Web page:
The farming of the greater amberjack (Seriola dumerili , Risso 1810) in the Mediterranean Sea started in the 1980s in a capture-based fashion ( FAO 2016-2021) . Nowadays, as a result of the industrial diversification of marine fish in Mediterranean aquaculture , the rearing cycle of S. dumerili is fully carried out in captivity . However, it was not until 2017, when the industrial production and commercialization started, with Spain and Greece as the main producers (FishSTAT), and more recently Croatia in 2019 (No data available in FishSTAT ; pers.obs Segvic-Bubic). Reared fish escaping from farms have a number of potential socio-economic and ecological implications, and some of them have been explored for Sparus aurata , Dicentrarchus labrax and Argyrosomus regius (Arechavala-Lopez et al., 2018).
T his research describes the first escape of S.dumerili in the Mediterranean and aims i ) to develop the identification techniques of the escaped individuals of S. dumerili , ii) to help understanding the potential influences of the escape events at a genetic and fisheries levels and, iii) to improve the aquaculture genetic management of the species.
Material and Methods
In the current research, captures of unusual individ uals of S.dumerili were detected via pictures posted in Facebook groups with fisheries interest. Data on c ommercial fisheries landings of the artisanal fleet based on the marina of Santa Pola (38º11’12’’N; 0º33’33’’W, Alicante, Spain), was explored to identify abnormal captures of the S. dumerili at a temporal level . Local Ecological Knowledge of fishermen was obtained via personal interviews on Facebook messenger, to better understand the behavior and dispersion of the escaped fish.
Following a simplified mammalian DNA isolation procedure, a total of 492 individuals were successfully genotyped with 15 micro satellite markers developed for S. dumerili (Renshaw et al. 2006, 2007) from 10 populations sampled in both, the Adriatic and Balearic Seas, covering different fish origins (wild, farmed and escaped). Genetic diversity, differentiation and structure for each population were calculated and assessed by using FSTAT 2.9.3, Arlequin v.3., FreeNA , Structure 2.3 and Adegenet package in R.
A photo of the left side of each fish was taken at 1m (orthogonal distance), with a photo camera set at 50mm focal length. A 50 cm ruler was included in each picture for body length measurement in ImageJ software. Quantification and visualization of fish shapes were conducted by means of geometric morphometrics , using a total of 21 landmarks (TpsDig 2 and MorphoJ software and geomorph R package). Eventually, differences between fish groups of different origins were explored with canonical analysis.
Results and conclusion
Arising from social media pictures and conversations/commentaries of fishermen, t he escaped fish was darker than wild ones and some fish presented deformities and/or wounds. Approximately two months after the escape event, the presence of escaped S. dumerili still could be observed in the escape area . The maximum dispersion attained up to 100 km to the south and 90 km to the north from the potential escape locations , namely San Pedro del Pinatar (Murcia) and Calpe (Alicante) , both in the SE of Spain. The captures of c ommercial and recreational fisheries were influenced by escaped fish . Significant g enetic differentiation between farmed and wild fish groups were observed where farmed fish were characterised with reduced number of alleles, allelic richness and expected heterozygosity . Minimum estimates of effective population size, which may serve as a conservative estimate for wildlife management, were for two order of magnitude smaller in farmed (̴ 3) than in wild (̴ 300) populations , implicating urgent need for genetic improvement of broodstock menagment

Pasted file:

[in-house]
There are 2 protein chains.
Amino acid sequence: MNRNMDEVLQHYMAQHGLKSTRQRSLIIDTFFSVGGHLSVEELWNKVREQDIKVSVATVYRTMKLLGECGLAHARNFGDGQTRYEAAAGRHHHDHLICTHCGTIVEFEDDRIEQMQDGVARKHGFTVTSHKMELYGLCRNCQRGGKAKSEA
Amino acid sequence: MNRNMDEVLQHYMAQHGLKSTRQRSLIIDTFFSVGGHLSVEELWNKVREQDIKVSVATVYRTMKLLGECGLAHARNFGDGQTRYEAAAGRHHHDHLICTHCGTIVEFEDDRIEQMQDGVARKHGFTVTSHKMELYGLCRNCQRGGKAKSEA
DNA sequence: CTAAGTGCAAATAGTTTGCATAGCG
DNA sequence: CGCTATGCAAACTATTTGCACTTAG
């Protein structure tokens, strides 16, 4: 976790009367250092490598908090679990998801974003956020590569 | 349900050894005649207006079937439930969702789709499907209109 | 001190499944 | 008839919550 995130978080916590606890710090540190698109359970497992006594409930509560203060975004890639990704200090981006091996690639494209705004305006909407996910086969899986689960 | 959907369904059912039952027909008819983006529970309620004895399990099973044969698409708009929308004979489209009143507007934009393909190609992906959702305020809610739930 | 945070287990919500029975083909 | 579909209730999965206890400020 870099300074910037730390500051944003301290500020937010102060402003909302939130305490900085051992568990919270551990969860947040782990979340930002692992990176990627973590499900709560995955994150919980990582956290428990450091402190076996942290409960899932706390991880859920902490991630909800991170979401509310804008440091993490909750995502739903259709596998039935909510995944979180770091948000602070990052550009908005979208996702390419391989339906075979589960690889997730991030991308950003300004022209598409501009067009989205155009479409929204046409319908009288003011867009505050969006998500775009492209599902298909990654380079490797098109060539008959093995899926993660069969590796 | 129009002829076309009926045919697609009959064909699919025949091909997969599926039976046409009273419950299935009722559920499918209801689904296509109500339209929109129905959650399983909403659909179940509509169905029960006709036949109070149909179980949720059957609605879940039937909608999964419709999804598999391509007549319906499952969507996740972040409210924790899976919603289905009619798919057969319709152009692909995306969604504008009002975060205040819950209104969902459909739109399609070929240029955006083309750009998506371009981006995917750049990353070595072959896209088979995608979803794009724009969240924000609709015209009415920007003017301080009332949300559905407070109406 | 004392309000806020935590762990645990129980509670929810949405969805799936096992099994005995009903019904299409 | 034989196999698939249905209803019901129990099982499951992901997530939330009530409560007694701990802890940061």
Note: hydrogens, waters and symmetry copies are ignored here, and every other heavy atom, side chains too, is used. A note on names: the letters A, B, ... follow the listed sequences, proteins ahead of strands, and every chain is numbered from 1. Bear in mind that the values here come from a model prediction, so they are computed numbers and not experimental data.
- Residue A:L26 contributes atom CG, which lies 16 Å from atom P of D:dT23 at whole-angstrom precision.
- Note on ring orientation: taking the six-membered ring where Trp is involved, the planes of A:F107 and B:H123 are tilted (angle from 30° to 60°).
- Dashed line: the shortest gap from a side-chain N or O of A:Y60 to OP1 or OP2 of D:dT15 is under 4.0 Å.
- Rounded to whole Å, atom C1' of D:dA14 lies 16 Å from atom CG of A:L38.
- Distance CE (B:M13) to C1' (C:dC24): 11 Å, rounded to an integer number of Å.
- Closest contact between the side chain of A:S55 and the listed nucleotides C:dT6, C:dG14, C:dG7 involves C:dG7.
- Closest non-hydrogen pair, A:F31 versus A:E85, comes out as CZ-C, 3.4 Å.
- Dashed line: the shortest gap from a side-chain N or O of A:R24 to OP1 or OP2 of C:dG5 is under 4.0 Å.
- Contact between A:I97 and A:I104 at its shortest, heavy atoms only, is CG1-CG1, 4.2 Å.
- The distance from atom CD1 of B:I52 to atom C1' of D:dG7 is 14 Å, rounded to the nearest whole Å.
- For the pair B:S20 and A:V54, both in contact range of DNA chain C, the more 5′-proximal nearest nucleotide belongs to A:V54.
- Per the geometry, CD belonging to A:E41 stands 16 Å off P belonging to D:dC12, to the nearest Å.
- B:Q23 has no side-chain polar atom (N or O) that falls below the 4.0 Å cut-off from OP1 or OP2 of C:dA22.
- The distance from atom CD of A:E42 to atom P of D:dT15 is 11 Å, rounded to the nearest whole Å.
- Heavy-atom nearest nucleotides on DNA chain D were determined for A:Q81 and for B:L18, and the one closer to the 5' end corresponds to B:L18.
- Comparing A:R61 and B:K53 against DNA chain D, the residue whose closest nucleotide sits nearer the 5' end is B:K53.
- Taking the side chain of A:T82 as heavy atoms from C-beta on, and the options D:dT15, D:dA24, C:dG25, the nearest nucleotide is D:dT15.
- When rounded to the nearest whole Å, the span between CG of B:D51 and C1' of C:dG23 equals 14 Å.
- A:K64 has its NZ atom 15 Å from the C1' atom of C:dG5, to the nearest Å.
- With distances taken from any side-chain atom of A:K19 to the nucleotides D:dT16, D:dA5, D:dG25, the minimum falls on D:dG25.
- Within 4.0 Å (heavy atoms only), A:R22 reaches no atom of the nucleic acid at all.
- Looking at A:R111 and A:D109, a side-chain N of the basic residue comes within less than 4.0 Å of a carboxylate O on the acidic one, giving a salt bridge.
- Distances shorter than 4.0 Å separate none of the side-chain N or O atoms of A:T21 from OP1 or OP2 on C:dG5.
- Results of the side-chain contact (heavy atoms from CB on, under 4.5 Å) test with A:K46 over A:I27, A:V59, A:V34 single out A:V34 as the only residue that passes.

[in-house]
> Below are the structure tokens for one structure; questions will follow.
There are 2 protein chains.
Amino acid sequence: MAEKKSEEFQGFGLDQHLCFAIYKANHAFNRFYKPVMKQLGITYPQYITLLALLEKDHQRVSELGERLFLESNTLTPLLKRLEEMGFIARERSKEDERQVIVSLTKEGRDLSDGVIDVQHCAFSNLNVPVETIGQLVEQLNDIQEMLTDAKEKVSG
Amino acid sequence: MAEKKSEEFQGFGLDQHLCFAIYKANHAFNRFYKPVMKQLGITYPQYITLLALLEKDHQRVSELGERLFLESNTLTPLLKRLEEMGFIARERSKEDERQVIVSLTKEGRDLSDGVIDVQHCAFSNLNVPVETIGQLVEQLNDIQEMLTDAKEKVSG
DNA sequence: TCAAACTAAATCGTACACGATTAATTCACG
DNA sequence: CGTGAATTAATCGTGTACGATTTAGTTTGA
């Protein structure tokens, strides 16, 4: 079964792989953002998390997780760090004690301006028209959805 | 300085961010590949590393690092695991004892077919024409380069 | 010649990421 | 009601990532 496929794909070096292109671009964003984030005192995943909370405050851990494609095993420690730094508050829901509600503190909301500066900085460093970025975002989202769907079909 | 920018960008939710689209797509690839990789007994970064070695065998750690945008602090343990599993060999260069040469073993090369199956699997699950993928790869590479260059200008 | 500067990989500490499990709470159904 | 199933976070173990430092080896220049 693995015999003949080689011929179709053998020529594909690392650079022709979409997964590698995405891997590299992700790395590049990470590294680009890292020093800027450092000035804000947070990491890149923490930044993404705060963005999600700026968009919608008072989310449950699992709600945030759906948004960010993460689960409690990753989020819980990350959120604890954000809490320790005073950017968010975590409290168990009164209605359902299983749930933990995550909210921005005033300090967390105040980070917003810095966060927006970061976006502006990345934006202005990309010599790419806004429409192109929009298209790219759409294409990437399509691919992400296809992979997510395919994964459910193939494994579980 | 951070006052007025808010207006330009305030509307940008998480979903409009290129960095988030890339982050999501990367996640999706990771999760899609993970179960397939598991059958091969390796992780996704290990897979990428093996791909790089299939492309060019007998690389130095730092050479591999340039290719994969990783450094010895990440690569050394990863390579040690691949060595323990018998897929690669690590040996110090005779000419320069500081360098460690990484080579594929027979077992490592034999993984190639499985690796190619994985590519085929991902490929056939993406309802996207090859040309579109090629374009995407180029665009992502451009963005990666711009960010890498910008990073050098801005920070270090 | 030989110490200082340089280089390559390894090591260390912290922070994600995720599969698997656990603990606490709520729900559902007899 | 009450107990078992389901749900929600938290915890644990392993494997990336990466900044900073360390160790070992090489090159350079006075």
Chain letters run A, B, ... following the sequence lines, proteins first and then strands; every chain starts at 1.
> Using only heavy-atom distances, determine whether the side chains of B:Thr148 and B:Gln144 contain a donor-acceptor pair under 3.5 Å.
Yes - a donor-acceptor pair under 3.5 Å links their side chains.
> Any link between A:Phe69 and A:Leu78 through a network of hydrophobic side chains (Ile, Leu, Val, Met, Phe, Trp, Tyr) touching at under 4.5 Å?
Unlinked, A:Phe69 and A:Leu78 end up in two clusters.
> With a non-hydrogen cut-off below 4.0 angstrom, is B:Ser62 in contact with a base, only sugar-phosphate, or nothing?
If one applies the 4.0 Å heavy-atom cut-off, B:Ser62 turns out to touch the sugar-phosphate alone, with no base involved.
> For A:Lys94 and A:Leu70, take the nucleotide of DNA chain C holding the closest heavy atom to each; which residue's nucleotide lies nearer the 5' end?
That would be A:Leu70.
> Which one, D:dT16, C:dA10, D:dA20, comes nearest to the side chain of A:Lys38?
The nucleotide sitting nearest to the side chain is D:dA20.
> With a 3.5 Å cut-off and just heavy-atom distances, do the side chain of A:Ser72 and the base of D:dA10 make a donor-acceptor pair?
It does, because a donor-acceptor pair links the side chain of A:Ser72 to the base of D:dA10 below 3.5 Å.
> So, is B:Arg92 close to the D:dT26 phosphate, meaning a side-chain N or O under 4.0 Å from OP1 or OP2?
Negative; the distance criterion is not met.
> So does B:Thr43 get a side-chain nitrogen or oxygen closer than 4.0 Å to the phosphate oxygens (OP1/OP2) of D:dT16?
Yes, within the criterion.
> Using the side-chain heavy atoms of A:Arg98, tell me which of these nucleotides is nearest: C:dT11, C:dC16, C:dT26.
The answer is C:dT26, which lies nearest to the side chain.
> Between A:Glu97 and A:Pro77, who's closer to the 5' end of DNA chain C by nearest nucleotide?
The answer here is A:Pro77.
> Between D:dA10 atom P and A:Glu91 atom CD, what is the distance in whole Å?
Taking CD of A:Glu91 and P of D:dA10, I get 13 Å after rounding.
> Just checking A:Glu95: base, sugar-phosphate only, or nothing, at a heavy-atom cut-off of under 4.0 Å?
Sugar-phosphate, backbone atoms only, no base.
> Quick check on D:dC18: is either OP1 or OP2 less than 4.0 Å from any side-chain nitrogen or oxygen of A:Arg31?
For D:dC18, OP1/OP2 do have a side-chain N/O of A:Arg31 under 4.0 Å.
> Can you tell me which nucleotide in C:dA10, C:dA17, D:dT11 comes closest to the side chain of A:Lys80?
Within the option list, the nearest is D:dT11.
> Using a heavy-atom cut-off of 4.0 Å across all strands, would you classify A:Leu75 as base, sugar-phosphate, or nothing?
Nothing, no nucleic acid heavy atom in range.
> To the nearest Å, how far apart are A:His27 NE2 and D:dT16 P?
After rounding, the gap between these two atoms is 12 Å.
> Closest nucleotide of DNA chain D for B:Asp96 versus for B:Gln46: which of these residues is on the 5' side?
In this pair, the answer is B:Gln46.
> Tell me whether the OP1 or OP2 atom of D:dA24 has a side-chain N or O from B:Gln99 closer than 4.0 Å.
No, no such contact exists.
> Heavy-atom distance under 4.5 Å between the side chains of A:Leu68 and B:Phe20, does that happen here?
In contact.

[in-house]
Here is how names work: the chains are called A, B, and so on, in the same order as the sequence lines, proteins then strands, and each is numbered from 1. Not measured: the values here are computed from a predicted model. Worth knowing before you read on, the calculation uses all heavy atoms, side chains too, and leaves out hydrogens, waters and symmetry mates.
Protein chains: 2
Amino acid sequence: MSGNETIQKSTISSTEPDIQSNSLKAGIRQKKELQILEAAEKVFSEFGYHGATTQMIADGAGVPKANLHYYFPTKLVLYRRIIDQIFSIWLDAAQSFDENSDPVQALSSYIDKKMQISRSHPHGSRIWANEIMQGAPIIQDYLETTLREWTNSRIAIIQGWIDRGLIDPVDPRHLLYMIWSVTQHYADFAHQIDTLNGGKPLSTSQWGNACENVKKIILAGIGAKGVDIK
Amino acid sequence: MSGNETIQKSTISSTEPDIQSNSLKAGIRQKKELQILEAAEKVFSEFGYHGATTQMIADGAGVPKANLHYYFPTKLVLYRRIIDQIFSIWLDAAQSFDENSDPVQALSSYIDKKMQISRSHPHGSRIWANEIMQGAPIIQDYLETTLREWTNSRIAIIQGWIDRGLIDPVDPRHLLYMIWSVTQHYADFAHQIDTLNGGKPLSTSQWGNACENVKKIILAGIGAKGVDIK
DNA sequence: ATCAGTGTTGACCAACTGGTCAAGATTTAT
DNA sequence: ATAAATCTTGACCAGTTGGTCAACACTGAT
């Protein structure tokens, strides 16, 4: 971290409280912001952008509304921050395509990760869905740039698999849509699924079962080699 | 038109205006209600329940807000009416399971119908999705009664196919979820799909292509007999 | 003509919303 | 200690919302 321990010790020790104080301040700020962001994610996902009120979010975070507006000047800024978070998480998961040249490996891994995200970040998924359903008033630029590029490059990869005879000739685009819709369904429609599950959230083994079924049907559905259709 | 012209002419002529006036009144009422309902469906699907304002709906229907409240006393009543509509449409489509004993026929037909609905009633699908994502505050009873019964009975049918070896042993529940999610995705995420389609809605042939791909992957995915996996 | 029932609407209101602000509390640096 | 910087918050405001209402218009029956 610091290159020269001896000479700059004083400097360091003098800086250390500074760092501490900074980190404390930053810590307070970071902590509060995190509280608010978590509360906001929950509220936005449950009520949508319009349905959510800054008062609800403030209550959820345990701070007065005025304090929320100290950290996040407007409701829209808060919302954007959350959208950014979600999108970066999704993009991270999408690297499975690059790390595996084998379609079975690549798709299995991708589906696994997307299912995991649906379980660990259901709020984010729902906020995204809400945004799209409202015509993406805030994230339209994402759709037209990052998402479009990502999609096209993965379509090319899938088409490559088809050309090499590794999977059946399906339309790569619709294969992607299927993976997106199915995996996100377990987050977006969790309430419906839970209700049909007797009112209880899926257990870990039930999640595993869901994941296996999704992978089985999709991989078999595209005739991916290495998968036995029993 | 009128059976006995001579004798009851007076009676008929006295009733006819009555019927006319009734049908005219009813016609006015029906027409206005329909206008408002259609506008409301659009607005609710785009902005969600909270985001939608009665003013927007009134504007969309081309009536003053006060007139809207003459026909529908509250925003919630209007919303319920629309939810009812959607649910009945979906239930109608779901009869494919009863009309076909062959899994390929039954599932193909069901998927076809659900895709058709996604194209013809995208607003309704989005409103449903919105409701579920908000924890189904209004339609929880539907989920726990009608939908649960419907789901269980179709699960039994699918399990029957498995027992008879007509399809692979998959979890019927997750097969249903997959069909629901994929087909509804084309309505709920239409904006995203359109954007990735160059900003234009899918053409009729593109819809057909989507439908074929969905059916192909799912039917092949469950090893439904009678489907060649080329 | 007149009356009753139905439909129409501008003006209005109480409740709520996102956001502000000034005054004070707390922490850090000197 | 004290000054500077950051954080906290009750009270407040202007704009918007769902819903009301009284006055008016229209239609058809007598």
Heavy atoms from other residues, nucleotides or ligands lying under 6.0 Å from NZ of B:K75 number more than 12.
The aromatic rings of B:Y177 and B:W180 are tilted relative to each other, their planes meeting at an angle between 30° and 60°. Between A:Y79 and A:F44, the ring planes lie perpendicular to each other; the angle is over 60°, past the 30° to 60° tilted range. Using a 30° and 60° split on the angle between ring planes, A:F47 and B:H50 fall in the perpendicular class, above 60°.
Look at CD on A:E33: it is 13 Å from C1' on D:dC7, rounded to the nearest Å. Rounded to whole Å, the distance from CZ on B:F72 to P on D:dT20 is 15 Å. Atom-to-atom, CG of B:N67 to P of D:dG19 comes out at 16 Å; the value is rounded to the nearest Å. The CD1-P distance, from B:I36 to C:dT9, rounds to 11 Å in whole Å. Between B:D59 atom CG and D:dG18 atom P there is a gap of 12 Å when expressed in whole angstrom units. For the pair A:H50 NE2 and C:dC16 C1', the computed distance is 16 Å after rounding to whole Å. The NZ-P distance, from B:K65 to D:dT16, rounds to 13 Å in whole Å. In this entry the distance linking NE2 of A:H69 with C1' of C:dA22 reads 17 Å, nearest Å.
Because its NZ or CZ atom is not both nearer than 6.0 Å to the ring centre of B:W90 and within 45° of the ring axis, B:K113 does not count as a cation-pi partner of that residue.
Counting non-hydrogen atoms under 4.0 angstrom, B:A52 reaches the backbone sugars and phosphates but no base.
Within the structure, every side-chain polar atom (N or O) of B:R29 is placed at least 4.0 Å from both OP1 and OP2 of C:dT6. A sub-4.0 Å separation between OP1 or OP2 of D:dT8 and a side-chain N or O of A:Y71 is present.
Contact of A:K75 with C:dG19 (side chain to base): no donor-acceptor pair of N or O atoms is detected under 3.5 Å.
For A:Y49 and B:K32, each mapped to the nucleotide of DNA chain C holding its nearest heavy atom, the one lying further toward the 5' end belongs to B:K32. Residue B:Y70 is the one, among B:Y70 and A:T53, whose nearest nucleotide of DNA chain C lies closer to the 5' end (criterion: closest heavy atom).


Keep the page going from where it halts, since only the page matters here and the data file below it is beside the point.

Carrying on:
Morphological differences between wild and reared fish existed , with a striking difference in the mouth position , which showed upwards-oriented in reared fish, compared to a more horizontal position of wild fish.
In first term, fish escapes should be managed from a prevention perspective followed by mitigation and monitoring programs. T he development of a tool-kit to identify escaped individuals is suggested. The behaviour of escaped S. dumerili should be studied from a spatio-temporal, ecological, fisheries and management perspectives . In terms of aquaculture management, to increase the broodstock size it is suggested, in order to minimize inbreeding risks and potential genetic influences for the populations of wild counterparts.
Arechavala-Lopez , P., Toledo-Guedes, K., Izquierdo-Gomez, D., Šegvić-Bubić , T. and Sanchez -Jerez, P., 2018. Implications of sea bream and sea bass escapes for sustainable aquaculture management. Reviews in Fisheries Science & Aquaculture, 26, pp.214-234.
Cultured Aquatic Species Information Programme . Seriola dumerili. Cultured Aquatic Species Information Programme . Text by Jerez Herrera, S. and Vassallo Agius, R. In: FAO Fisheries Division [online]. Rome.
Renshaw, M.A., Patton, J.C., Rexroad 3rd., C.E., Gold, J.R., 2006. PCR primers fortrinucleotide and tetranucleotide microsatellites in greater amberjack, Serioladumerili. Mol. Ecol. Notes 6, 1162–1164.
Renshaw, M.A., Patton, J.C., Rexroad 3rd., C.E., Gold, J.R., 2007. Isolation andcharacterization of dinucleotide microsatellites in greater amberjack, Serioladumerili . Conserv. Genet. 8, 1009–1011.
This research has been funded by the projects AquaPop IP-2014-09-9050 (Croatian Science Fundation ) and GLORI A (GLObal change Resilience In Aquaculture: FBIOPLEAMAR20-05) . Eventually the authors would like to thank the personnel of the Santa Pola Fish market and the rearing facilities of CROMARIS (Croatia) and the Spanish division of the ANDROMEDA group.